The Leeds-based art-rock trio, Mush, are set to release their feverish second LP, Lines Redacted via Memphis Industries on 12 February 2021. The new release, which finds the group recruiting Lee Smith (The Cribs, Pulled Apart By Horses) on mixing duties, arrives just under a year after their debut LP, 3D Routine, capping off what has been an obviously tumultuous, but remarkably prolific year for the band. With any prospect of live shows decimated, the group, led by songwriter, Dan Hyndman, has found the time to release two EPs (‘Great Artisanal Formats’ and ‘Yellow Sticker Hour’) and now a duo of full-length albums.
Tipped previously by the likes of BBC 6 Music, Loud & Quiet, Uncut, Q, Stereogum, DIY, The Line of Best Fit, Dork and more, Mush, comprised of Hyndman (guitar/vox), Nick Grant (bass/vox) and Phil Porter (drums), present their own sonic idiosyncrasy. It’s a sound that blurs the lines of abstract surrealism, existentialism and social commentary; utilising guitars as tools in 2020 to stave off malaise whilst simultaneously commenting on the nation’s ability to fall into such dire straits. It’s a sensory overload of wiry tones that zig-zag between punk, prog and sardonic-funk with a relentless ability to reflect society’s faults and apathy in a unique and acerbic manner.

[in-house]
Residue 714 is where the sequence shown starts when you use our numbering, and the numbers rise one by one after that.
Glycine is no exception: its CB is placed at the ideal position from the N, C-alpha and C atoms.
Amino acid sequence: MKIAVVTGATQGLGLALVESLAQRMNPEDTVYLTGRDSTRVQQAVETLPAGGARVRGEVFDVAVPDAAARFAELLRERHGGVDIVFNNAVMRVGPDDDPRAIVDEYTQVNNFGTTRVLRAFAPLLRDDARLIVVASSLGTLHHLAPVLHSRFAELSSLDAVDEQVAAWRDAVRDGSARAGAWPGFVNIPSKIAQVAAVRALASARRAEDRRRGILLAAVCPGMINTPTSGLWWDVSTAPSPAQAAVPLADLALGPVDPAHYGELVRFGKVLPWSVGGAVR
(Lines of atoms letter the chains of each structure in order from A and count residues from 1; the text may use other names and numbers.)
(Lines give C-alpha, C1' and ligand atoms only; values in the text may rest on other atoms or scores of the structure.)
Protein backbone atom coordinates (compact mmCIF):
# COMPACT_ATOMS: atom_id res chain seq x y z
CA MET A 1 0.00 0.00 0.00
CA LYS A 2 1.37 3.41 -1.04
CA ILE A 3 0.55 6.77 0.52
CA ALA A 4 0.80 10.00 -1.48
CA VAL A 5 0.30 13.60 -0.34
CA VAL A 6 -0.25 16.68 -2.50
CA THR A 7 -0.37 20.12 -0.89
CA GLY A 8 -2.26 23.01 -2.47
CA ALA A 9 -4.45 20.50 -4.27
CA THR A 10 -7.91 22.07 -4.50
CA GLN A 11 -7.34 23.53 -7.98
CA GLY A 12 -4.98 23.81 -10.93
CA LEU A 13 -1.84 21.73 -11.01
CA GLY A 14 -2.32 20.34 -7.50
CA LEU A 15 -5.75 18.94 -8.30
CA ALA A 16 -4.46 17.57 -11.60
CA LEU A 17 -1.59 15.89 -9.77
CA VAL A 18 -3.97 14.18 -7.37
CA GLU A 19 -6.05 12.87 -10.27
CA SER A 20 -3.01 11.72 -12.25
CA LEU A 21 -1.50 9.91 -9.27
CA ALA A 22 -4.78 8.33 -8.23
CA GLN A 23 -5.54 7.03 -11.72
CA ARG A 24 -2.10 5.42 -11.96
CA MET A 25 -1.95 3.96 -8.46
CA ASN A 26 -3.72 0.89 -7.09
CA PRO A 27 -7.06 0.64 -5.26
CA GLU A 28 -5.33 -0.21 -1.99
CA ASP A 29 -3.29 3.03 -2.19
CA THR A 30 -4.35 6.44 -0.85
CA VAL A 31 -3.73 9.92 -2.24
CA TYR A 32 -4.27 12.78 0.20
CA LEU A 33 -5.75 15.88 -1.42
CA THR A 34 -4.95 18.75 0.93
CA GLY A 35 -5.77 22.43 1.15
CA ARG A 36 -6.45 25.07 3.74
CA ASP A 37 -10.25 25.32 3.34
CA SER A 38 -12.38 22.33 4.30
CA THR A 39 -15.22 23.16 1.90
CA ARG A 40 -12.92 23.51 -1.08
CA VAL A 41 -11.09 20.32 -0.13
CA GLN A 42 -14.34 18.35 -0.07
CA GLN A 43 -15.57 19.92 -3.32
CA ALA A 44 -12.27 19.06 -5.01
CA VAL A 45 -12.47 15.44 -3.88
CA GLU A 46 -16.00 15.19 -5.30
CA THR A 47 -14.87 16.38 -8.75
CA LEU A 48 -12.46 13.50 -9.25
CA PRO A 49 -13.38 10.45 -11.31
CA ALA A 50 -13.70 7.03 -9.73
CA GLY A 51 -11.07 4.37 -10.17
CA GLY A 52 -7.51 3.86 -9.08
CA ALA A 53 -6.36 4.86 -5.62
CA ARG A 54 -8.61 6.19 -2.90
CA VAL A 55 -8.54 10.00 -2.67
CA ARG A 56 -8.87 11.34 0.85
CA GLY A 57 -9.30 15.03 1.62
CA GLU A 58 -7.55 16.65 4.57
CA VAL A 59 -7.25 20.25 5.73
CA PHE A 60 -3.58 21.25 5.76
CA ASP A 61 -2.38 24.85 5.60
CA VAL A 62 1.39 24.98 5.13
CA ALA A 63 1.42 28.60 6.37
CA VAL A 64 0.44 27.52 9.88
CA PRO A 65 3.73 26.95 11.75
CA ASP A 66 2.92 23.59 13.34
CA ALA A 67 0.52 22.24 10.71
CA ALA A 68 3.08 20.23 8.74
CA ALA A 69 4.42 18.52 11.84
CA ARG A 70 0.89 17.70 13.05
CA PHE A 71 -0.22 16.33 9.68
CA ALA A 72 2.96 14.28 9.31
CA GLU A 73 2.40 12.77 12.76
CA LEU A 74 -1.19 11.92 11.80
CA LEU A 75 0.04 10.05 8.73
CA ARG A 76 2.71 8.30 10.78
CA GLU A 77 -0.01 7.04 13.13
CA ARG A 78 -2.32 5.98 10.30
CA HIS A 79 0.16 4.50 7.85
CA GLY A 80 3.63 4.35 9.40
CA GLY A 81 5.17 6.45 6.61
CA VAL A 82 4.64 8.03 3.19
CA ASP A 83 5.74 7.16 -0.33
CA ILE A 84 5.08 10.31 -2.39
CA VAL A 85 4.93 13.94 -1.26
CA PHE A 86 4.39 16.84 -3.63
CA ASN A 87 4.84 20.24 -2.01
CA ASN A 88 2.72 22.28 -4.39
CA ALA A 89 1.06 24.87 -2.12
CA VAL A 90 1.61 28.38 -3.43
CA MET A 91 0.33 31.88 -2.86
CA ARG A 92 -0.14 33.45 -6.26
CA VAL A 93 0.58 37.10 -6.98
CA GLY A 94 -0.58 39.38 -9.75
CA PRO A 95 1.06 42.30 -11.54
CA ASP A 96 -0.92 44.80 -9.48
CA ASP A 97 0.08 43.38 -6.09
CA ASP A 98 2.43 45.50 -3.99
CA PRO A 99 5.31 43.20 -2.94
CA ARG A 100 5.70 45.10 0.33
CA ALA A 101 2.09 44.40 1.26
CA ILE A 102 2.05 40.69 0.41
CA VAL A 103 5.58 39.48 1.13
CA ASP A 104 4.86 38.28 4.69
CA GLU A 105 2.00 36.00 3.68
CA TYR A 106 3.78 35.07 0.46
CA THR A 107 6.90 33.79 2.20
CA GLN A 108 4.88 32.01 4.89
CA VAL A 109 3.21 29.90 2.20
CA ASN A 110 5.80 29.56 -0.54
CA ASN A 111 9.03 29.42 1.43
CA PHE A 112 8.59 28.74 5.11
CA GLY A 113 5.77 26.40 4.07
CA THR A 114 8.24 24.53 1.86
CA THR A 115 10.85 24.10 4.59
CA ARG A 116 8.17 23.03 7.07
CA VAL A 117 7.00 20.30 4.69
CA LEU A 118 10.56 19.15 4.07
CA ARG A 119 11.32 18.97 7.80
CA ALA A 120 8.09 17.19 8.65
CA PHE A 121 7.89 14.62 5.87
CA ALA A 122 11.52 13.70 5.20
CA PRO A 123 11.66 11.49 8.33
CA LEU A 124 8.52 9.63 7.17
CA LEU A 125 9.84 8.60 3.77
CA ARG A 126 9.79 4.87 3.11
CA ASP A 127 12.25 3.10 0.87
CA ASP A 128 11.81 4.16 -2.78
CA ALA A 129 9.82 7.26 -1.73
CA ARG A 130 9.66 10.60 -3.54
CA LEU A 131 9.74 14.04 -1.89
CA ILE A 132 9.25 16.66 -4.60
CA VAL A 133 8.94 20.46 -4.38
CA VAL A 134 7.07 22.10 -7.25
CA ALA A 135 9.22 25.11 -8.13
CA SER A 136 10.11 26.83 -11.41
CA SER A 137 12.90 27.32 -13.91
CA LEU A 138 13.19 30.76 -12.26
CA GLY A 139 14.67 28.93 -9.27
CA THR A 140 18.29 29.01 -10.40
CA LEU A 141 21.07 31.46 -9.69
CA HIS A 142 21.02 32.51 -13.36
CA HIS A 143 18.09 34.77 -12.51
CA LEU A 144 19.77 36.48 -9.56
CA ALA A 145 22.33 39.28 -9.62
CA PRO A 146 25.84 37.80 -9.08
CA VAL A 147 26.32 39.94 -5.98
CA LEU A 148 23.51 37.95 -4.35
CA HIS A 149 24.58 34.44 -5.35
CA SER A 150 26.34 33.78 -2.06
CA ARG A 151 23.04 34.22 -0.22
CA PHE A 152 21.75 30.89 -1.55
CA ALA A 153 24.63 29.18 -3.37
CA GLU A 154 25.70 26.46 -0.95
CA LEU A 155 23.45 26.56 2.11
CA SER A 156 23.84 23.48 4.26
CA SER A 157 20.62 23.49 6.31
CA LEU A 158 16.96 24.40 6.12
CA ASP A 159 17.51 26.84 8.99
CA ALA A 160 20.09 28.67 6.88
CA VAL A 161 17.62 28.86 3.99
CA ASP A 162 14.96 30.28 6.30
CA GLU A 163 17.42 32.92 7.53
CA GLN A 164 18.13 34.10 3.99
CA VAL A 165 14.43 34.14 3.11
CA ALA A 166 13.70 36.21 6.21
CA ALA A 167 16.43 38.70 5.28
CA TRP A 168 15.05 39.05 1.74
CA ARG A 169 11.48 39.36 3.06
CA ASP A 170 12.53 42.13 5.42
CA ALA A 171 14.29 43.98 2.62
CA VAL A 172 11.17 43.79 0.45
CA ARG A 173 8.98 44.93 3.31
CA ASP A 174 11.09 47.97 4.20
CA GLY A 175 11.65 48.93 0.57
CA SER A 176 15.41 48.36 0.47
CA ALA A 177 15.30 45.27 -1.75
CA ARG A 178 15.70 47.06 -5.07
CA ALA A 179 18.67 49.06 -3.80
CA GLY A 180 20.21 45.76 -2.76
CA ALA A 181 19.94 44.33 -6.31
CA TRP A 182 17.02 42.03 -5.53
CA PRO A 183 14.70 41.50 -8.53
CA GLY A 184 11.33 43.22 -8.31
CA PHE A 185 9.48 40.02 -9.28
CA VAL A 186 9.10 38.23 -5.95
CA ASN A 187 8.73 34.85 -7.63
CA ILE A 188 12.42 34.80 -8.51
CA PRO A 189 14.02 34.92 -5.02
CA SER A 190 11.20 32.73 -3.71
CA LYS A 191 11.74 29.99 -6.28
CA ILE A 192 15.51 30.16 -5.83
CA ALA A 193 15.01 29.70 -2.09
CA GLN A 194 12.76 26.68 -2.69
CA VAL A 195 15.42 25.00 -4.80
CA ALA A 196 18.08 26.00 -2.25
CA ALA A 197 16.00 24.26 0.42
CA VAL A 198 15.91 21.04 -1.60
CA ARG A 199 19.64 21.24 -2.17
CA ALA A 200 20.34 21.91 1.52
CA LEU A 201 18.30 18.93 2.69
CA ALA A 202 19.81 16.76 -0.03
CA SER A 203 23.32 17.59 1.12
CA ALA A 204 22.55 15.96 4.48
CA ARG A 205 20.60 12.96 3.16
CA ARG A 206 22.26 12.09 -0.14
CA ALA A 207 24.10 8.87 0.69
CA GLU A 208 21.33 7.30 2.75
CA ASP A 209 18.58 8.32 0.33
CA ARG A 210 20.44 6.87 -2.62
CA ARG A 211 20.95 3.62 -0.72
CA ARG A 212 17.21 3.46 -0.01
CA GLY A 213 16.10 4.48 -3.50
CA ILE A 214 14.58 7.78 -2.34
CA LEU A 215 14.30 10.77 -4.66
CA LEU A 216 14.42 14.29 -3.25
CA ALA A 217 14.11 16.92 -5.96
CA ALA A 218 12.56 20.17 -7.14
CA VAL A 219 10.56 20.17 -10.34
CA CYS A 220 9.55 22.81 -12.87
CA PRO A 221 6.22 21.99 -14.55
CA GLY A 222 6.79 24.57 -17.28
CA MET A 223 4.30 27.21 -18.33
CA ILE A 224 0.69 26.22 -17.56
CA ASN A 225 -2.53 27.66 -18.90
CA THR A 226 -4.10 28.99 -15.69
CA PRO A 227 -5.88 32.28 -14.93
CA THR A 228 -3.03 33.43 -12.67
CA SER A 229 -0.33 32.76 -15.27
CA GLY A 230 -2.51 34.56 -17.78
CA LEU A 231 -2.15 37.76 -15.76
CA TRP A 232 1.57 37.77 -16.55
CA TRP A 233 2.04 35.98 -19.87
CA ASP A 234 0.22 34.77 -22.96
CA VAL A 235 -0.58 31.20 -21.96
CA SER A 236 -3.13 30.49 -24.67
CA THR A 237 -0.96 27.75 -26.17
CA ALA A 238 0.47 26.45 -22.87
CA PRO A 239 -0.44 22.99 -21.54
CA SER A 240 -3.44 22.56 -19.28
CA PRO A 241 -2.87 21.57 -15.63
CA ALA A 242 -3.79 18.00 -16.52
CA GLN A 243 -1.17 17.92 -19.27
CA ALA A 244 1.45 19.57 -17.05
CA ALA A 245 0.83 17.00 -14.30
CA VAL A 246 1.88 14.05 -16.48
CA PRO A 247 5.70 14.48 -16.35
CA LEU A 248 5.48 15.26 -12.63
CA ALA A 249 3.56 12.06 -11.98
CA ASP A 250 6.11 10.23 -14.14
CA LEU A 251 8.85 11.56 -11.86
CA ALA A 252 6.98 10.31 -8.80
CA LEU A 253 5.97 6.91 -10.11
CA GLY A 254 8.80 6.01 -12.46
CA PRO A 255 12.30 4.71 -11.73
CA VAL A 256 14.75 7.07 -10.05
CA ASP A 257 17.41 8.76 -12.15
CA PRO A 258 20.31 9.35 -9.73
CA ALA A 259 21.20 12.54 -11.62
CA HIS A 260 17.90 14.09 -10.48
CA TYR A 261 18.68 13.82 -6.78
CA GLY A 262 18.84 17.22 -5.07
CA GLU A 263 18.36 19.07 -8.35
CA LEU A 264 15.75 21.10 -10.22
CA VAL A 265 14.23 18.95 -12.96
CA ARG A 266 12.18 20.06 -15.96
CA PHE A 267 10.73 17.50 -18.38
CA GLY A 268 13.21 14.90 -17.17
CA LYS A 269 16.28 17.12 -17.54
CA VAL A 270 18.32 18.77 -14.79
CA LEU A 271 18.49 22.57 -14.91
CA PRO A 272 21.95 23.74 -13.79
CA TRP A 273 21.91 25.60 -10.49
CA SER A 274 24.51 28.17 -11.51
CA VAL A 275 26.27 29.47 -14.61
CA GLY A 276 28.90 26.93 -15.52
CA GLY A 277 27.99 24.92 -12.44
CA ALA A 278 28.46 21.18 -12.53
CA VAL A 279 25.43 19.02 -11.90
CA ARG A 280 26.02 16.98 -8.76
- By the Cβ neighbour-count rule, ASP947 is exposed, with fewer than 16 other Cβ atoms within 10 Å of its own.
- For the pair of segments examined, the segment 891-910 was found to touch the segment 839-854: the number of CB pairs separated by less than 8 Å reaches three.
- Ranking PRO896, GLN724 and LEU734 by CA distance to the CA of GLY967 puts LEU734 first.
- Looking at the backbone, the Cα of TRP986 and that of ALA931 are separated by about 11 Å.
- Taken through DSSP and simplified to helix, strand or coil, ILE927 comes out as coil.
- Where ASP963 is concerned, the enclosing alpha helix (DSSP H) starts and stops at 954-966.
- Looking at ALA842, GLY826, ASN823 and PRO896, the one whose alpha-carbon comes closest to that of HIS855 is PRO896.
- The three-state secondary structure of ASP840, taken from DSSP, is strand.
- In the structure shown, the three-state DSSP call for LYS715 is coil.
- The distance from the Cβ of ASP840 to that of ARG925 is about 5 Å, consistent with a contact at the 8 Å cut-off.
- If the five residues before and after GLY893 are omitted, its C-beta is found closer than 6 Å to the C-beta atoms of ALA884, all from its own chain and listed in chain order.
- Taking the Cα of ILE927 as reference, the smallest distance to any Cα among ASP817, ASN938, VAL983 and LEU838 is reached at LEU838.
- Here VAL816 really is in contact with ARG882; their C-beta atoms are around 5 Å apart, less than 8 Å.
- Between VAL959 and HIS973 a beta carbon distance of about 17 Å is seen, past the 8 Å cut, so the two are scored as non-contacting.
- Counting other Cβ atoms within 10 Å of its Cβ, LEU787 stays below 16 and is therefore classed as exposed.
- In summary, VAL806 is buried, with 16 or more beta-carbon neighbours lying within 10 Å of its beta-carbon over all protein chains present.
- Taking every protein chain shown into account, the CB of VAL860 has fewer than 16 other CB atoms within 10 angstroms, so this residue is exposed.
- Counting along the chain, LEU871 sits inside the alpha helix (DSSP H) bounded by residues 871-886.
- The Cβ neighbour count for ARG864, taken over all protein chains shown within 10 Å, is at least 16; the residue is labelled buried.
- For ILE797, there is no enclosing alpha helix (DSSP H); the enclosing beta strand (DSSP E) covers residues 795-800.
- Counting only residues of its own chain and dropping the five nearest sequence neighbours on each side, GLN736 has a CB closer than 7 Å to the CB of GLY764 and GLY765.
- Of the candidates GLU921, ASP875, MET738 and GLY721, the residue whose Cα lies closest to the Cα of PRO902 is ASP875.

Whereas the band’s debut was very much a product of its time, something part-inspired by the political atmosphere of mid-2019 and a genuine moment of optimism when the prospect of a socialist government in the UK was on the cards, this new record uses tongue-in-cheek cynicism as a coping mechanism for the environment that we now find ourselves in. From one song to the next, Lines Redacted introduces a string of different narrators with each providing a different reflection on the Armageddon scenario that we are slowly entering, whether that’s bemoaning it or gleefully willing it along. 3D Routine presented a bed of scathing political jibes latching onto themes and decisions of the time. Lines Redacted mutates these ideas into something slightly more sinister whilst maintaining all of Hyndman’s razor-sharp wit that permeates the album.